Where: Bishopsgate Institute, 230 Bishopsgate, London EC2M 4QH. Venue is wheelchair accessible.

What: Free public event for all those who remember Centerprise. Bring photographs, publications, documents from the time and your memories. Refreshments provided. All are welcome, please RSVP.

Leaflet showing different projects at Centerprise

Leaflet showing different projects at Centerprise in the 1970s by Doffy Weir

Tagged with: , ,

Volunteers needed for Centerprise project

Courtesy of Maggie Hewitt
Courtesy of Maggie Hewitt

On the Record is looking for dedicated volunteers to record and research memories and publications associated with Centerprise, a unique cultural institution that operated in Hackney from 1971 – 2012. We want to recruit a diverse group of volunteers of different ages, backgrounds and levels of experience. Download a full role description and details of how to apply by the 7th of January at 5 pm here.

Project

Centerprise was a groundbreaking community centre in Hackney (established in 1971.) It hosted a bookshop, publishing project, reading centre, café, youth club, crèche and more all under one roof in Dalston. It not only sold books, it made it possible for local people to write and publish their own works of poetry, autobiography and history.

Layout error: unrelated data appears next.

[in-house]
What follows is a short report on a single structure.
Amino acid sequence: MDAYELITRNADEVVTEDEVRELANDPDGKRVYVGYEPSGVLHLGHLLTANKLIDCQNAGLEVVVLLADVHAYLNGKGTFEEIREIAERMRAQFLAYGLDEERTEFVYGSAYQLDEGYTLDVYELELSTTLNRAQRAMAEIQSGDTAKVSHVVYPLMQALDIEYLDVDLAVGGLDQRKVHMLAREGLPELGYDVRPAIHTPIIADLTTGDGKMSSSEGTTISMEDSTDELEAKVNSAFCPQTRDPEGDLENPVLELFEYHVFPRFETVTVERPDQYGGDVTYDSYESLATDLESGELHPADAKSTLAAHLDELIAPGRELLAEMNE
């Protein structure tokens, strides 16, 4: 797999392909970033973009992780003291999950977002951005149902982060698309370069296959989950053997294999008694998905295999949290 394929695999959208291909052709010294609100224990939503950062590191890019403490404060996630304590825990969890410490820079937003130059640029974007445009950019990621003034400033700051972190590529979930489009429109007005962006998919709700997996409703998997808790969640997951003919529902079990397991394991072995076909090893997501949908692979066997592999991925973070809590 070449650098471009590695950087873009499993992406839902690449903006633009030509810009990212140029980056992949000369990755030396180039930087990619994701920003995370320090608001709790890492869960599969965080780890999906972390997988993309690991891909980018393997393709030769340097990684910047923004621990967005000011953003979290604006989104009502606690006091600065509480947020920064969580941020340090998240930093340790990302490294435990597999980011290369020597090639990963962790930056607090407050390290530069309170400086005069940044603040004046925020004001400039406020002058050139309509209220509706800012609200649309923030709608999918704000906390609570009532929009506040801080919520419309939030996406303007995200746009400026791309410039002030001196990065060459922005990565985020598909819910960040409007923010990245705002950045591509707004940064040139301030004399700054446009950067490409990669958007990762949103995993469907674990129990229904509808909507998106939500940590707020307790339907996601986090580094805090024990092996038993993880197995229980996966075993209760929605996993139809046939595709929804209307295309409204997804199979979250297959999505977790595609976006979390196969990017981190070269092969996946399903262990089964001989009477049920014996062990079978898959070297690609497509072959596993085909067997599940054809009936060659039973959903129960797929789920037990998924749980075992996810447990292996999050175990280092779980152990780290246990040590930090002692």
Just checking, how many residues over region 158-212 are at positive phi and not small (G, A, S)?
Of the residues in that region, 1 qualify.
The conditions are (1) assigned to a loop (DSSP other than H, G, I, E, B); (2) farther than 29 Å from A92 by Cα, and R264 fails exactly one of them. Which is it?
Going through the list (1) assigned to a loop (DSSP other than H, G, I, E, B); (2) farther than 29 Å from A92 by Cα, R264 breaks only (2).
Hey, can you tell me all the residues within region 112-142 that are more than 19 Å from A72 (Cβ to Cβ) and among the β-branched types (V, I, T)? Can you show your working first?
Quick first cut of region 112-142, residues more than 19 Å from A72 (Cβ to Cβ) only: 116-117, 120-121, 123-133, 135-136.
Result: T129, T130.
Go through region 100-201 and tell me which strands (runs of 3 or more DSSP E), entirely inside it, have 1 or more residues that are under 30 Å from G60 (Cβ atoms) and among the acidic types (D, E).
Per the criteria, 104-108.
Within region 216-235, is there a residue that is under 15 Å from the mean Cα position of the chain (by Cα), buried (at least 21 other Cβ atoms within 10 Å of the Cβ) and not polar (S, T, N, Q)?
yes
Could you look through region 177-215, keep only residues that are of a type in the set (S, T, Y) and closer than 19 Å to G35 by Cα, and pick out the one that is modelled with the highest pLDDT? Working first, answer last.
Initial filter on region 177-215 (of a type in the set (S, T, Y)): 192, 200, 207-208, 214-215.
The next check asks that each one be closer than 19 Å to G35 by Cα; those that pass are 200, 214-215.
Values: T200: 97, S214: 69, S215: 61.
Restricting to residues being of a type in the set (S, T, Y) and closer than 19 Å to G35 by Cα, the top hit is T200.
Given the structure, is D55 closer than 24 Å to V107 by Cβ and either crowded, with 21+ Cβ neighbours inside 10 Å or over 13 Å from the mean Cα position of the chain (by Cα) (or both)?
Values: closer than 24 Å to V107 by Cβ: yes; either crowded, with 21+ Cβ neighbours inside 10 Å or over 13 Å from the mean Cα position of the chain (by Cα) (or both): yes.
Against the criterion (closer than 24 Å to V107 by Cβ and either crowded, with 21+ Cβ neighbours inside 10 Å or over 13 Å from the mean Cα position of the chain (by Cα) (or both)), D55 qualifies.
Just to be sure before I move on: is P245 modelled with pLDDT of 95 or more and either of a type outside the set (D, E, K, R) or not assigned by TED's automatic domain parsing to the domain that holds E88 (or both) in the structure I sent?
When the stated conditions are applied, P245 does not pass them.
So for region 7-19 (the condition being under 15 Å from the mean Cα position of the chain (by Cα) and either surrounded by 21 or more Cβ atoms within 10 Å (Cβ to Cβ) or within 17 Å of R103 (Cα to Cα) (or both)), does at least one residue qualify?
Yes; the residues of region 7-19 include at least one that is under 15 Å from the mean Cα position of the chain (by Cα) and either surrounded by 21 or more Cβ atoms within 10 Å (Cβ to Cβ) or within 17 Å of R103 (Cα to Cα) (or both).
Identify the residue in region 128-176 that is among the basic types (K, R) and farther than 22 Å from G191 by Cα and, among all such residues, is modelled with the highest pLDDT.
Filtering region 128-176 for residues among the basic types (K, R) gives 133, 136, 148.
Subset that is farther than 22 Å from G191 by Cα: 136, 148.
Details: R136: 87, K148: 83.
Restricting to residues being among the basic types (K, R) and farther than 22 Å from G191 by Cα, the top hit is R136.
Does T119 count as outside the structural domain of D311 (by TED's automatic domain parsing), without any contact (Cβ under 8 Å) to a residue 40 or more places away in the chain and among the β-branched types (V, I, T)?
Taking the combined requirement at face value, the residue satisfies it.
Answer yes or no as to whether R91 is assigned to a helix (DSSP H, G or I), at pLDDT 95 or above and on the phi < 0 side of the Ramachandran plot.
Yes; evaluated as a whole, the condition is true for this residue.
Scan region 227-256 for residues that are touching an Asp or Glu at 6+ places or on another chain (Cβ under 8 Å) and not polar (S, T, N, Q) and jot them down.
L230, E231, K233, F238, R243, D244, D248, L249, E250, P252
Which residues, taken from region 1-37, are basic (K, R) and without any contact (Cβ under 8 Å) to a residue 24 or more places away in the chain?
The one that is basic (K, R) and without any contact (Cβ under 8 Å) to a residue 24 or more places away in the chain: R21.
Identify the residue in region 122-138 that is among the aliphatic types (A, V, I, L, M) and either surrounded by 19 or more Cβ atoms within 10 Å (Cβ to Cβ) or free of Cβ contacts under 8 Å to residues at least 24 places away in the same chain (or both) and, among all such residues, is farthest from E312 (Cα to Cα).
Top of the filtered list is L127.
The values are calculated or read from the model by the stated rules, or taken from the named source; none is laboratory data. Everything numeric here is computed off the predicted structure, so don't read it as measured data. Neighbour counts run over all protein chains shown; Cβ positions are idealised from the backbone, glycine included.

A Hackney Autobiography will record and remember the history of Centerprise focusing on the period from its inception in 1971 to the early 1990s through oral history, gathering a permanent archive, conducting free workshops and events and producing a book, learning resources and digital experiences. The project is funded by the Heritage Lottery Fund and will run until July 2016.

Roles

Volunteers can get involved in any or all of the following areas: oral history, archiving and research.

-       Oral history volunteers should like meeting new people and be excellent listeners. They should be willing to travel to people’s homes and be fairly flexible about when they interview people.